How to Work with the Media

Before you have to work with the press, you should become thoroughly familiar with two things: the law as it applies to journalists, and your agency’s policies and procedures for interacting with members of the news media.

Author Dean Scoville Headshot

650 A.D.: The Muslim rulers called caliphs introduce the first organized news service. Cops are screwed.

When contemplating associations between cops and journalists, it’s easy to invoke analogies involving cobras and mongooses, Hatfields and McCoys, and even cops and robbers. It seems that police and reporters are locked in a never-ending struggle.

But in some ways cops and reporters have very similar DNA. Cops and journalists both work in occupations in which the tragedies of others can represent career opportunities. And we both have investigative instincts that drive us to figure out the who, what, where, why, when, and how of a particular situation.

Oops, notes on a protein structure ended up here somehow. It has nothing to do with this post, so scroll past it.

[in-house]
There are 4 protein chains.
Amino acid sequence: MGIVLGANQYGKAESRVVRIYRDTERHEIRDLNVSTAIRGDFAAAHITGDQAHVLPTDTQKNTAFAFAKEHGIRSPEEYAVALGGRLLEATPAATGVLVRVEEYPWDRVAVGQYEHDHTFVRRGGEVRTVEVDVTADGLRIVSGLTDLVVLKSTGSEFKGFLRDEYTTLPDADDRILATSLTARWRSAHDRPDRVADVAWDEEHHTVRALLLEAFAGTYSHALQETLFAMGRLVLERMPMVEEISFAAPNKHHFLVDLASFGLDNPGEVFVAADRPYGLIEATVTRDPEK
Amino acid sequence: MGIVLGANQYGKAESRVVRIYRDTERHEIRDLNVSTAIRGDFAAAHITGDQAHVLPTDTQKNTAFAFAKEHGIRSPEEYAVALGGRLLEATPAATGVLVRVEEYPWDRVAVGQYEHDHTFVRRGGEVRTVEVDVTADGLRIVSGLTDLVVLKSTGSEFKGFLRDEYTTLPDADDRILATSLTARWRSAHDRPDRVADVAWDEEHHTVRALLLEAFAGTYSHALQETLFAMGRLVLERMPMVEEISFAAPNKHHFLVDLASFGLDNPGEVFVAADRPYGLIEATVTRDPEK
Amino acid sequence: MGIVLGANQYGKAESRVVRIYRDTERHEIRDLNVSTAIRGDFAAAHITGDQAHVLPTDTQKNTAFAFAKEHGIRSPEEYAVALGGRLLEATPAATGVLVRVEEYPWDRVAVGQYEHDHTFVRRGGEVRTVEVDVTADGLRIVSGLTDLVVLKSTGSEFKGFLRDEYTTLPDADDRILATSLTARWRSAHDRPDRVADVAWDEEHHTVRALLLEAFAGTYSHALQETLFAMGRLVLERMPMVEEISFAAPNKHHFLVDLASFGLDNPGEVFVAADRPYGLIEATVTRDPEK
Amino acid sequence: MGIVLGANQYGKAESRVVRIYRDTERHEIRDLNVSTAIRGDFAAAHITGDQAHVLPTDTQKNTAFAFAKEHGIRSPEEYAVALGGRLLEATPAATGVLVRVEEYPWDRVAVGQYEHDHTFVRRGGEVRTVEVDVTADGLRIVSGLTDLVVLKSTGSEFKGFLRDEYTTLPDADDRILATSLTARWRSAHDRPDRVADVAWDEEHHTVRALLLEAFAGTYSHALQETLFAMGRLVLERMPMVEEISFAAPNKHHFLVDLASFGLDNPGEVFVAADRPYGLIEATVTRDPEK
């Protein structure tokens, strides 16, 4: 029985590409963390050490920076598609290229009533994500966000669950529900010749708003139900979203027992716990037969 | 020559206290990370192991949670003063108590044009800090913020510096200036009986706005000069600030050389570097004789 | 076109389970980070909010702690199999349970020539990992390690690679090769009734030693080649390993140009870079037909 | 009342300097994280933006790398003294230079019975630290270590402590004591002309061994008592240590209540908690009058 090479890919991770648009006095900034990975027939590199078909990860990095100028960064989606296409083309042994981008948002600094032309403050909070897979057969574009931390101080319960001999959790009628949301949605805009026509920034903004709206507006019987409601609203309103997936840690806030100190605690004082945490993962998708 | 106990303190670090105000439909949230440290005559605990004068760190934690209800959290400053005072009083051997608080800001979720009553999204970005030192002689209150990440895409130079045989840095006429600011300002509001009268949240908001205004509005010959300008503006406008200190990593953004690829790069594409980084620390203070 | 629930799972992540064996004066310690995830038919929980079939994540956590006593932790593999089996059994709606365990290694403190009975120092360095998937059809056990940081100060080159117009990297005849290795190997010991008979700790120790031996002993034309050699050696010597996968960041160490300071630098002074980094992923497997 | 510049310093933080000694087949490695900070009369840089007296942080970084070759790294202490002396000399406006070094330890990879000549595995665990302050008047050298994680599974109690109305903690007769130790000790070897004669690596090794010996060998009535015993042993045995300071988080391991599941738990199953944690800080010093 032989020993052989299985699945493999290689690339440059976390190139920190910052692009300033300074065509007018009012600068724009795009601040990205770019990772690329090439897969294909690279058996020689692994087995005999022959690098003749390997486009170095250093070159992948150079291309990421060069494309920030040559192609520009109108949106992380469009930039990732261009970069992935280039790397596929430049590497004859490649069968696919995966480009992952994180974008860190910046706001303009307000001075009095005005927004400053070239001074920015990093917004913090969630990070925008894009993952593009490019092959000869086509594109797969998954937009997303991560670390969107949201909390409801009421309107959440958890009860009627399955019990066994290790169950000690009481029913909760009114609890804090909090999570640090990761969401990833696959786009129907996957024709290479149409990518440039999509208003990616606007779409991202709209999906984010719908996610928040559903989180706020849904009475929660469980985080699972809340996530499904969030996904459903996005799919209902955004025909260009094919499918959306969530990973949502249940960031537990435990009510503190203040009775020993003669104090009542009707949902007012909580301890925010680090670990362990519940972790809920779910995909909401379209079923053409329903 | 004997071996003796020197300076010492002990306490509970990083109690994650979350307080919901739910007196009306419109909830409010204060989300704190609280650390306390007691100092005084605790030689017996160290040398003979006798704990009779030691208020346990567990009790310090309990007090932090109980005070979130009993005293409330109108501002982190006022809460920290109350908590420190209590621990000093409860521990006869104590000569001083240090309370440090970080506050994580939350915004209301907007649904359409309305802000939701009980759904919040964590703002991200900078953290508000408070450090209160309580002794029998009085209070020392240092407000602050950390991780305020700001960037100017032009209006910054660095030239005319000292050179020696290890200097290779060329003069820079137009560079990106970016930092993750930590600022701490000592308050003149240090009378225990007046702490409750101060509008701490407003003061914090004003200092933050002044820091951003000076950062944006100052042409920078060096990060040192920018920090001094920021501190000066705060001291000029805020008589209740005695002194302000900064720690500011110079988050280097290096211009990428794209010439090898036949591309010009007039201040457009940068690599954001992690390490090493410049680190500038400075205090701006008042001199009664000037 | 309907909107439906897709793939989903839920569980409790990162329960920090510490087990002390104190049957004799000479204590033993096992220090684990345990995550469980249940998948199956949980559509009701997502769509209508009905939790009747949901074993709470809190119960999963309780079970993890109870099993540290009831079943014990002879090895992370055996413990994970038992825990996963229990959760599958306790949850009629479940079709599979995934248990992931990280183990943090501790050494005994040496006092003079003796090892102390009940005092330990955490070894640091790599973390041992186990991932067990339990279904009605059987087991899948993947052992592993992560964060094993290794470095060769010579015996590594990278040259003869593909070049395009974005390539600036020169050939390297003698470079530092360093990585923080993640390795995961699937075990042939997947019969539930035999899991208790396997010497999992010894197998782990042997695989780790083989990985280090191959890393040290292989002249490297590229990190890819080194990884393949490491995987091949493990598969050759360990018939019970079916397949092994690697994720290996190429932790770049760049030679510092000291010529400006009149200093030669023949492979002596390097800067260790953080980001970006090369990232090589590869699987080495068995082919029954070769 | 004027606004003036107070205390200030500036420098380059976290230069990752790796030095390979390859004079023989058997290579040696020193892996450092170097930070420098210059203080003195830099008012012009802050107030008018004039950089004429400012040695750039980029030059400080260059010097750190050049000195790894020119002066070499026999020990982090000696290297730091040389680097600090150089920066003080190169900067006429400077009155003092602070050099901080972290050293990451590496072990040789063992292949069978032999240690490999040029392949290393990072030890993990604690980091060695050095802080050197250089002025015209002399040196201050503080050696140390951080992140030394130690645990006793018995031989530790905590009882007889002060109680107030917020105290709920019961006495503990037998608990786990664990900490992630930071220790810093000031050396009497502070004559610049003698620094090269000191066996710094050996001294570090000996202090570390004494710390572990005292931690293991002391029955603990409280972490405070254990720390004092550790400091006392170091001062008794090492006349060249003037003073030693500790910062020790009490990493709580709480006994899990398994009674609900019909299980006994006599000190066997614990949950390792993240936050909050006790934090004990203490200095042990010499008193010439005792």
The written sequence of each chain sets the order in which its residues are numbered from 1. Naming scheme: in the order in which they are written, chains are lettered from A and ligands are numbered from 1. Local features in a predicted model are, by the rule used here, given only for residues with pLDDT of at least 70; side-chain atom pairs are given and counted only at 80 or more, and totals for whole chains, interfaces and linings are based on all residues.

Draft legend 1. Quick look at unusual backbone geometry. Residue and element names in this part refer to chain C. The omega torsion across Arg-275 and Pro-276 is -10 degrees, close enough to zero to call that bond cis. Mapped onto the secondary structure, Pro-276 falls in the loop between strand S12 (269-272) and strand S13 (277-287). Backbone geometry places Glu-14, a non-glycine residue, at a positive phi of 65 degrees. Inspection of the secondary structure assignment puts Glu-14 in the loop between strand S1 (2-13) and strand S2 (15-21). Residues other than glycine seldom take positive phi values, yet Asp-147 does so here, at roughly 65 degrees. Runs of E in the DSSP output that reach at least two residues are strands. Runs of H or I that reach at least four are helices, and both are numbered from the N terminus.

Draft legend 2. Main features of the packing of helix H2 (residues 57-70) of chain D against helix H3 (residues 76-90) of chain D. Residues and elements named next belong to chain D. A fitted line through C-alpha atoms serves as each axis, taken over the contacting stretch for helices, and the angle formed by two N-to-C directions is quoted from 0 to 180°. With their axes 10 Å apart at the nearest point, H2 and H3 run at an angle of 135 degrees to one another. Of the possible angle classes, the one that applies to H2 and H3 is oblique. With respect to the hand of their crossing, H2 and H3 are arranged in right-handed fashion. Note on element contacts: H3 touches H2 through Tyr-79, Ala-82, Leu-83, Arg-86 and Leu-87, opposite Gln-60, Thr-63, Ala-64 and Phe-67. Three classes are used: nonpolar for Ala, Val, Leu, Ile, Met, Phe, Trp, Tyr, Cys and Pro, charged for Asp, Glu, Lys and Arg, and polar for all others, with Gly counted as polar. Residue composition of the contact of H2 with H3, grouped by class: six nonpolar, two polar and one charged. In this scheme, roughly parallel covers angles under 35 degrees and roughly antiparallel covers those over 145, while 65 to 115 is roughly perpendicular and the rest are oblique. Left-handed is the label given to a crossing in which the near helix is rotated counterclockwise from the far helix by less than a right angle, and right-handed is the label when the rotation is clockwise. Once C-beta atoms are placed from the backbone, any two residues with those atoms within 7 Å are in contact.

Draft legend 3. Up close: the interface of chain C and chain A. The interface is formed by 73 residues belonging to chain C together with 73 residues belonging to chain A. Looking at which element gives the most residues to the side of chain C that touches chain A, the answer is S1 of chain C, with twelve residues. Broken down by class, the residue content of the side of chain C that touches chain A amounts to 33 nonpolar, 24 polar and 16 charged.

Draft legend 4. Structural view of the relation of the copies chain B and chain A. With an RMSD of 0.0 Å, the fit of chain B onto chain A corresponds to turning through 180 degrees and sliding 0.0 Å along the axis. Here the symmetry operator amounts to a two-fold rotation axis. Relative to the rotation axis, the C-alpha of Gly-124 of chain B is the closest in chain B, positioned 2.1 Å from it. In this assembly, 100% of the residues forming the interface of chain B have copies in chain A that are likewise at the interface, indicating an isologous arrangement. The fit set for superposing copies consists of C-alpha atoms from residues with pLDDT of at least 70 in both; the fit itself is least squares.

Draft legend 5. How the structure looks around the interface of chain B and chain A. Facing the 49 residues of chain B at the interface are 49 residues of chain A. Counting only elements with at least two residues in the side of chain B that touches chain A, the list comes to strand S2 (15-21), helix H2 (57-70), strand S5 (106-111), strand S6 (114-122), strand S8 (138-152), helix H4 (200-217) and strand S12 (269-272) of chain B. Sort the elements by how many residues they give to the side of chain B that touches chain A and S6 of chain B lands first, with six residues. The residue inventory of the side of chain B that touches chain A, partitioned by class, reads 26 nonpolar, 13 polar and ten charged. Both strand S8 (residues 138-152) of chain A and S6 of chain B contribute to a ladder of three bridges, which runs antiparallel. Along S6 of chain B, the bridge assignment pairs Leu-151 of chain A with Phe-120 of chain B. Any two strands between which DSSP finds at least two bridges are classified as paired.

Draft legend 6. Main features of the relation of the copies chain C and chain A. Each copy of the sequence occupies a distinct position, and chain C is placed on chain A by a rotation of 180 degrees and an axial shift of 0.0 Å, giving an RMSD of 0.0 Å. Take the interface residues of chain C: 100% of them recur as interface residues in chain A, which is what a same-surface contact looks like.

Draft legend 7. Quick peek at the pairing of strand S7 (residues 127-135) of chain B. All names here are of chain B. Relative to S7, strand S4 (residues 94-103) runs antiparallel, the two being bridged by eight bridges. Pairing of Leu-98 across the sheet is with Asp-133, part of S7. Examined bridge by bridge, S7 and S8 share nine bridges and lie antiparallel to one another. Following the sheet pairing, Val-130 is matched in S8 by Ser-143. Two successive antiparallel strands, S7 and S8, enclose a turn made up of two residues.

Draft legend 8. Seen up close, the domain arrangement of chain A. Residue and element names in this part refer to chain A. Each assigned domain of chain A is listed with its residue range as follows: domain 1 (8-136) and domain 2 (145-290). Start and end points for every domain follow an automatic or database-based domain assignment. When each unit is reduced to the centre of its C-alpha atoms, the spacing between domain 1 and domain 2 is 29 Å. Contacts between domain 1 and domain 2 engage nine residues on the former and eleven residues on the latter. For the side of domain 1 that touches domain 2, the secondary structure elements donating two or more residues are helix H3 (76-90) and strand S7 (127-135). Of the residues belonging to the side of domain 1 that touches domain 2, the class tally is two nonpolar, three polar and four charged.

Not only are cops and journalists antagonistic; we are constantly in contact with each other, which can lead to resentment. Cops often feel that they haven’t been given a fair shake in the media. Meanwhile, journalists tire of the evasive responses they often receive from cops whom they believe could be more forthcoming.

Whether or not we want them at our crime scenes, the fourth estate will most assuredly be there. Which means that you need to know how to work with the press.

Know the Rules

The worst time to decide how to deal with the news media is while taping off a crime scene and corralling witnesses to the incident.